This film had the best Spider-Man rogues gallery in cinema history, along with the three best renditions of Spider-Man working together. Now while Spider-Man No Way Home does a fantastic job of bringing a literal comic book story to life, it makes some errors that make the plot feel much less consistent. This isn’t to say that the film is bad in any sense, it just forgets to flesh out some of the plot holes. The themes are certainly what matters here, and Spider-Man’s character as this self-less hero is prevalent more so than ever. His arc here literally revolves around curing all of the villains and sending them back to their universes so that they don’t have to unnecessarily die.
Let’s talk about the performances, specifically Willem Dafoe and Andrew Garfield, who have quite literally stolen the show. Dafoe’s unhinged interpretation of the Goblin is as ripe as ever, with Garfield showcasing why he’s one of the most important actors in the industry at the moment. Despite Tobey Maguire giving an authentic performance, and Garfield being a legend, this is Tom Holland’s film through and through. He carries the film on his shoulders, delivering the best performance of his career as Spider-Man. Not to mention, Alfred Molina is a treasure, and Jamie Foxx has finally redeemed himself as a good Electro.
Lizard and Sandman are sidelined for the most part in this film, especially since their characters are completely CGI throughout the runtime. The CGI is confusing here, because everything feels like it’s realistic to a fault, and yet the lighting does feel quite off in some sequences. This was due to the abundance of green screens used in the film for even the most mundane moments. There’s a sequence of Flash Thompson speaking to Peter on a phone call, and his background is completely CGI, which makes the lighting on his face feel brighter than the surrounding. Though when it comes to the action, no one does it better than the MCU.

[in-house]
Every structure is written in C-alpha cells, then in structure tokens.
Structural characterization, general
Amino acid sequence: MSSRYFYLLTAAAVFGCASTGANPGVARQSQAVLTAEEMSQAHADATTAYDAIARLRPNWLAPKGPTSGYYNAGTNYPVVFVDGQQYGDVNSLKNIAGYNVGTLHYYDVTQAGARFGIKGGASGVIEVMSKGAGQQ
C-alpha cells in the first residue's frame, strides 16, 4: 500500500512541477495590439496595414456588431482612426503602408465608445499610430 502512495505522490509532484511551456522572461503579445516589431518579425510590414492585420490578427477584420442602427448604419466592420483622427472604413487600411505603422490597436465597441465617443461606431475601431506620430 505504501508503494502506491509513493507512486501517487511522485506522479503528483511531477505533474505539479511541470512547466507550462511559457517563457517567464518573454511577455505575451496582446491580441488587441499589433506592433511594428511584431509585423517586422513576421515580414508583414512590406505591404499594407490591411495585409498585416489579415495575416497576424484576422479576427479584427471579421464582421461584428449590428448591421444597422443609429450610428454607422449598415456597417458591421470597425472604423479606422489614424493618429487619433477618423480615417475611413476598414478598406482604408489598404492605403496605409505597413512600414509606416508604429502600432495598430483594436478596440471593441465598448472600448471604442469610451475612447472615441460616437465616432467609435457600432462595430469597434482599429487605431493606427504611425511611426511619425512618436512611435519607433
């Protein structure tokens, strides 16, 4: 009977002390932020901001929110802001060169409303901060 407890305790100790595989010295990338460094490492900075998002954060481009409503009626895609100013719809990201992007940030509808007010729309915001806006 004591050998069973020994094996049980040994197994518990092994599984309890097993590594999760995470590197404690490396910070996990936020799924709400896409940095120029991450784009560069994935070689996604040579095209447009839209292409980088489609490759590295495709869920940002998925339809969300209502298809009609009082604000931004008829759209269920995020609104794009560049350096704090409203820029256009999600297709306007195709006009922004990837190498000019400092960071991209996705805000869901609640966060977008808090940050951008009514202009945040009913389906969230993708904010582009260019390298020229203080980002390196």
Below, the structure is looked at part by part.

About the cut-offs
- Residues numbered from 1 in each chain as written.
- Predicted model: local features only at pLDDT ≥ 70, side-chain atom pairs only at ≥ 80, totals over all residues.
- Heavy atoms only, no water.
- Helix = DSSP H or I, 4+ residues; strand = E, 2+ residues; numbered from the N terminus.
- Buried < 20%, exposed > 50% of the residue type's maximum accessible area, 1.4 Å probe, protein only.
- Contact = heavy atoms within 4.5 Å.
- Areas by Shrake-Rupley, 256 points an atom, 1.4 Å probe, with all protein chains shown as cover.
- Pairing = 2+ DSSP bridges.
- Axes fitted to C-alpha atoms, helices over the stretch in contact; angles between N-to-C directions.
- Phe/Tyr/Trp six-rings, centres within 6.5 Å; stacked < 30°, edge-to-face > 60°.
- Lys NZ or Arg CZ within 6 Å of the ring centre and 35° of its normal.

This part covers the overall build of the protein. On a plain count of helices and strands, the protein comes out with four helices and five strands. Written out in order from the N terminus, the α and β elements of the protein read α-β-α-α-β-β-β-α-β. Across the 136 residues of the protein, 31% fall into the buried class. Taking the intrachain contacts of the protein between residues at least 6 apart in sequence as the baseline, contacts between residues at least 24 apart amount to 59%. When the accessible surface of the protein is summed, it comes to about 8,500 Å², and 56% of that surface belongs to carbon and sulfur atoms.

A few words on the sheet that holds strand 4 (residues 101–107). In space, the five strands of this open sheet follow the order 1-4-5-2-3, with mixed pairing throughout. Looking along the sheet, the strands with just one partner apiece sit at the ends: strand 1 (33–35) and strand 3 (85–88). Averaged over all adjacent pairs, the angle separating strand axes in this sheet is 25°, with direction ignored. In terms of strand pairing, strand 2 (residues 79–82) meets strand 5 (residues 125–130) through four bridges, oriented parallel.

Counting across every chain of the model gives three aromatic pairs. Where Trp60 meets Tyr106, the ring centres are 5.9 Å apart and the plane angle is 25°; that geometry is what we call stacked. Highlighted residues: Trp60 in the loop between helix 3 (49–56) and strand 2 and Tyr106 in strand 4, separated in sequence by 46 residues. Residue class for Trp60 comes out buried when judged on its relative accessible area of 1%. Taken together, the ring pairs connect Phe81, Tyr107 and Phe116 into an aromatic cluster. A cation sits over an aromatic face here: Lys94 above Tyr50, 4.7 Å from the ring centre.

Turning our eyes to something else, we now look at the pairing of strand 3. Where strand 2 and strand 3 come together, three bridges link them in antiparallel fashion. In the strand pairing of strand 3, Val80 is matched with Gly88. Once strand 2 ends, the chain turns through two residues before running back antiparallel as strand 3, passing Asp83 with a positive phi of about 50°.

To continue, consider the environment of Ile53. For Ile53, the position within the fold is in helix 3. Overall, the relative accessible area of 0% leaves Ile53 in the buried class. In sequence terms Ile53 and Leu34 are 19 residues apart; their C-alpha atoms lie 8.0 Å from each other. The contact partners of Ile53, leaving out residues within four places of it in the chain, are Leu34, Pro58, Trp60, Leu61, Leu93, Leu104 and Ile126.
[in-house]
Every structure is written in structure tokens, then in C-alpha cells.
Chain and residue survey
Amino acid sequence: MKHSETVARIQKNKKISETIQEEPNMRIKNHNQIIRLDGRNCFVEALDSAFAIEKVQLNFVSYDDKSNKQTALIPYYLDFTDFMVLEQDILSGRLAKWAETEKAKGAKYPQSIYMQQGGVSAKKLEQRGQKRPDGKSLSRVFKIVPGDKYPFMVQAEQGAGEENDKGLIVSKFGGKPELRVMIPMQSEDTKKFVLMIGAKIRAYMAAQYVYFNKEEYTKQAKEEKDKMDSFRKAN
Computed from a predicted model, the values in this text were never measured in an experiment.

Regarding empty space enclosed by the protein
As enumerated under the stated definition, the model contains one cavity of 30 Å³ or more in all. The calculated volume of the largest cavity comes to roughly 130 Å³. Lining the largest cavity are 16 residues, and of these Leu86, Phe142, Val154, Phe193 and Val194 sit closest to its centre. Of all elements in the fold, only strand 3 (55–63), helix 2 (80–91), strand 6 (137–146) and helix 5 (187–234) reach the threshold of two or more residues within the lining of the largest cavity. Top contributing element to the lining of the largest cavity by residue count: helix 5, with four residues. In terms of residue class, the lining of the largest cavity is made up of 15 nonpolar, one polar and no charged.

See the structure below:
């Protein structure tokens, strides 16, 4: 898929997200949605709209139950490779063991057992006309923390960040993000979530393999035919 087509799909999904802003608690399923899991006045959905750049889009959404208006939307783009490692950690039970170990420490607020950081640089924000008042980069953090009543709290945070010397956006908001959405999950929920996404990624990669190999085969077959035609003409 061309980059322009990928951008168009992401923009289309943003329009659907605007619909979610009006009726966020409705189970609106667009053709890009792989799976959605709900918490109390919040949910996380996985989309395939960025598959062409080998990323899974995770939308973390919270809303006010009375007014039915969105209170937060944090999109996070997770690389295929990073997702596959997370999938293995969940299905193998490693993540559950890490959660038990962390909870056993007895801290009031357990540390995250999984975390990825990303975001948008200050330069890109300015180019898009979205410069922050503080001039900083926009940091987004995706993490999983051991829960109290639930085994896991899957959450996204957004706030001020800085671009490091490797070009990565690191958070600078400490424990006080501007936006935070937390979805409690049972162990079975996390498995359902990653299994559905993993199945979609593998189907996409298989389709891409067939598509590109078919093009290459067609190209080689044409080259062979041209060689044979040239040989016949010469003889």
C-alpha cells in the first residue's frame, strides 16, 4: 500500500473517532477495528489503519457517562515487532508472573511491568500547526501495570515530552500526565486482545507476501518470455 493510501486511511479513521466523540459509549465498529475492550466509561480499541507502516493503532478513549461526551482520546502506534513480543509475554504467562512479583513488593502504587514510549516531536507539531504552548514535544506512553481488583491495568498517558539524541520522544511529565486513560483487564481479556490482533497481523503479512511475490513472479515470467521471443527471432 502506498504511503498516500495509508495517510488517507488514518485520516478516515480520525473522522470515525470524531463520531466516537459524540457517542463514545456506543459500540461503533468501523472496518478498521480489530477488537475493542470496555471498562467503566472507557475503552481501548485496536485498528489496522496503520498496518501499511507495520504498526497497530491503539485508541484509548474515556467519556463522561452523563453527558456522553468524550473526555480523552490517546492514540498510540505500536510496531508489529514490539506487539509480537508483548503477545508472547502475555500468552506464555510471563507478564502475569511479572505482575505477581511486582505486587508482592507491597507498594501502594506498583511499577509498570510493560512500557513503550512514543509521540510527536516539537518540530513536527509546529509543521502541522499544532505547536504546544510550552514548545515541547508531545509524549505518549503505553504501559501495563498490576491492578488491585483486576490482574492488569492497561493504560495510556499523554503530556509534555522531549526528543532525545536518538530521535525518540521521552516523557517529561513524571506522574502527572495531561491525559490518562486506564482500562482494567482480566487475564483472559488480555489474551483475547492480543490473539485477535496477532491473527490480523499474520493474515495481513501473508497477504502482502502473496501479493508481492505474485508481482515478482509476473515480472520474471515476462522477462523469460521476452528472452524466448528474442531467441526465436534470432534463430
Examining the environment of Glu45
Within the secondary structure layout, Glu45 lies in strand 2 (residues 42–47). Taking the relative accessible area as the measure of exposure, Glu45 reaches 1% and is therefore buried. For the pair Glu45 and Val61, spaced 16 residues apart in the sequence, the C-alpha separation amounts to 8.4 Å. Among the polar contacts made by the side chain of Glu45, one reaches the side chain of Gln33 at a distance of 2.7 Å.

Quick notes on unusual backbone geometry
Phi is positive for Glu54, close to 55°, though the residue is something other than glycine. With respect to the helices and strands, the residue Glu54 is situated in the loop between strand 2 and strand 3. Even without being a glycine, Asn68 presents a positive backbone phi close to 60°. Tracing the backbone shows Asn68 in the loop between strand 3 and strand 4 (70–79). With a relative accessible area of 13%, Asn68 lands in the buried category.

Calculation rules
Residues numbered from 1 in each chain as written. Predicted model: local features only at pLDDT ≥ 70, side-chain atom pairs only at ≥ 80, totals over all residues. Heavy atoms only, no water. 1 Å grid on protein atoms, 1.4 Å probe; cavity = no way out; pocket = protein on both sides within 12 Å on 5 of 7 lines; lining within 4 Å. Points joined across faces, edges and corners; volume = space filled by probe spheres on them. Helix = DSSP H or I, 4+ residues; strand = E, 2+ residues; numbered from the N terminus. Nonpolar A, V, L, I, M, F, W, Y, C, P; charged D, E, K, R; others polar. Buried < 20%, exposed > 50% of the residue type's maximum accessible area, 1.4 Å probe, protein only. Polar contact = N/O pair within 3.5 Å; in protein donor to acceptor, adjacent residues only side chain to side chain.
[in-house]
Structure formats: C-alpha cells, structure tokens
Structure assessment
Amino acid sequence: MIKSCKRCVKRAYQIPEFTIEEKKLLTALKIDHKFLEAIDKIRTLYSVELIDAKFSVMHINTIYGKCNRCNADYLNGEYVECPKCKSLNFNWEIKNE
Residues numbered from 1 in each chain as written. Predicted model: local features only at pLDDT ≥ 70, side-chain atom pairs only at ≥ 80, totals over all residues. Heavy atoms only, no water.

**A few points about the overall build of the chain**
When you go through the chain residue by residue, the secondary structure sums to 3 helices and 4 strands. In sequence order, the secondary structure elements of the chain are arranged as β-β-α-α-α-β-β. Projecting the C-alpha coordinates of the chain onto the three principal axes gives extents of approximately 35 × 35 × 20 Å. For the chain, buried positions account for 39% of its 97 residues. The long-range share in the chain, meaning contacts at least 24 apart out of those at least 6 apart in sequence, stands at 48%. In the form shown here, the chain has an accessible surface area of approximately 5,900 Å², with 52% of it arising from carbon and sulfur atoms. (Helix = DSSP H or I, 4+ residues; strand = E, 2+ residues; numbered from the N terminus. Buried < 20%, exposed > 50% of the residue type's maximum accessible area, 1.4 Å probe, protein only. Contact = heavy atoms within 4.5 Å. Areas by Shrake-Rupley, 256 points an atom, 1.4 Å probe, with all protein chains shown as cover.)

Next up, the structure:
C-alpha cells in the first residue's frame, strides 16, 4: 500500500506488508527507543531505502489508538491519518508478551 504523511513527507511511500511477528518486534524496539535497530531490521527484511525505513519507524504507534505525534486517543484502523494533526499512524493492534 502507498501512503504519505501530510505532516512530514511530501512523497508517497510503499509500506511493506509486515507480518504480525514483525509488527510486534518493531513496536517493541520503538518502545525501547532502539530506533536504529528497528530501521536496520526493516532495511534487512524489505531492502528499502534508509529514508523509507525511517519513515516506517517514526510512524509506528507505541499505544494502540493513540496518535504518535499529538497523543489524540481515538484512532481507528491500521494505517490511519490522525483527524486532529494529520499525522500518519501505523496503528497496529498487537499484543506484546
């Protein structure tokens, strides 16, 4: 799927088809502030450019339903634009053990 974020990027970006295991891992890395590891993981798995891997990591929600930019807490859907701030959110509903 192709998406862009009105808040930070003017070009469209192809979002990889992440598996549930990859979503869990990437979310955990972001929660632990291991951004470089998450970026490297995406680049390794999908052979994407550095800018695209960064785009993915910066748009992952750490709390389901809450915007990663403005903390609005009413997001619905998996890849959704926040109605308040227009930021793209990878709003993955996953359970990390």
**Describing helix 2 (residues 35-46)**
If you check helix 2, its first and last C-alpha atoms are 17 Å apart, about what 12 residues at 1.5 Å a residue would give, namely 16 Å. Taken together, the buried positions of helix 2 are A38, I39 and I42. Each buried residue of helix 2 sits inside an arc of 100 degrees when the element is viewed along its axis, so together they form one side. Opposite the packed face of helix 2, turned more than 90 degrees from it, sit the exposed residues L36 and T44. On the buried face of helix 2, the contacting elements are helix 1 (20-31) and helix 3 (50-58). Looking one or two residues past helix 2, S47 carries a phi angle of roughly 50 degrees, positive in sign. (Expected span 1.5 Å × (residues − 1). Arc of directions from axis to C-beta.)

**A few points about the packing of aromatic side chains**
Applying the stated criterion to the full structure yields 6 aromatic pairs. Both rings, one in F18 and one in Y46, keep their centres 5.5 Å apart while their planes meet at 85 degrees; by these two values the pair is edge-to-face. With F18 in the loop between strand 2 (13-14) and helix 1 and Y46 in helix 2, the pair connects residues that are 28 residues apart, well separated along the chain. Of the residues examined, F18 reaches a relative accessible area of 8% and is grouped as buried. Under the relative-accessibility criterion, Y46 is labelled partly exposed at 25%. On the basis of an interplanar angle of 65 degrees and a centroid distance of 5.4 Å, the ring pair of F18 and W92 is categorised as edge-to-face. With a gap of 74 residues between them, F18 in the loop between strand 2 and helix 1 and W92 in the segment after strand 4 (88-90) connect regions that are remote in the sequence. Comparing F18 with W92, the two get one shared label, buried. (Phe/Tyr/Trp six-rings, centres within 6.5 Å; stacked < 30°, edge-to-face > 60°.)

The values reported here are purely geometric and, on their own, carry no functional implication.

Michael Giacchino has finally created a score that cuts through you after trying to deliver a memorable and lovable background soundtrack to the Spider-Man franchise since Homecoming. Spider-Man: No Way Home easily has some of the best music in the entirety of the MCU, especially because it uses them so wonderfully. There are also hints of Danny Elfman and Hans Zimmer’s scores from the previous series of films that pop up a few times in the film, which work to perfection. There still are the typical MCU tunes in here, though they aren’t as repetitive as they are in the rest of the films.
Spider-Man: No Way Home is a redemption story for most of the characters in the series. We see Otto helping the good guys with his powers, we see Andrew’s Peter rescuing MJ from falling when he couldn’t save Gwen, we see Tobey’s Peter saving Green Goblin from getting stabbed with his Glider.
This is a story of growth and maturity, not just for Tom Holland’s Peter Parker, but for every character that you see in it. It brings back the older versions, to give MCU Peter something to learn from amidst his darkest moments. Most of all, Spider-Man: No Way Home ensures that Spider-Man walks out from the shadow of Iron-Man’s legacy. It lets go of the nanotech, the Stark Industries fabricator, and the suits with 30 different functioning modes. It’s Peter in a tiny apartment, starting from scratch as just our friendly neighborhood Spider-Man against the world as a hero of his own.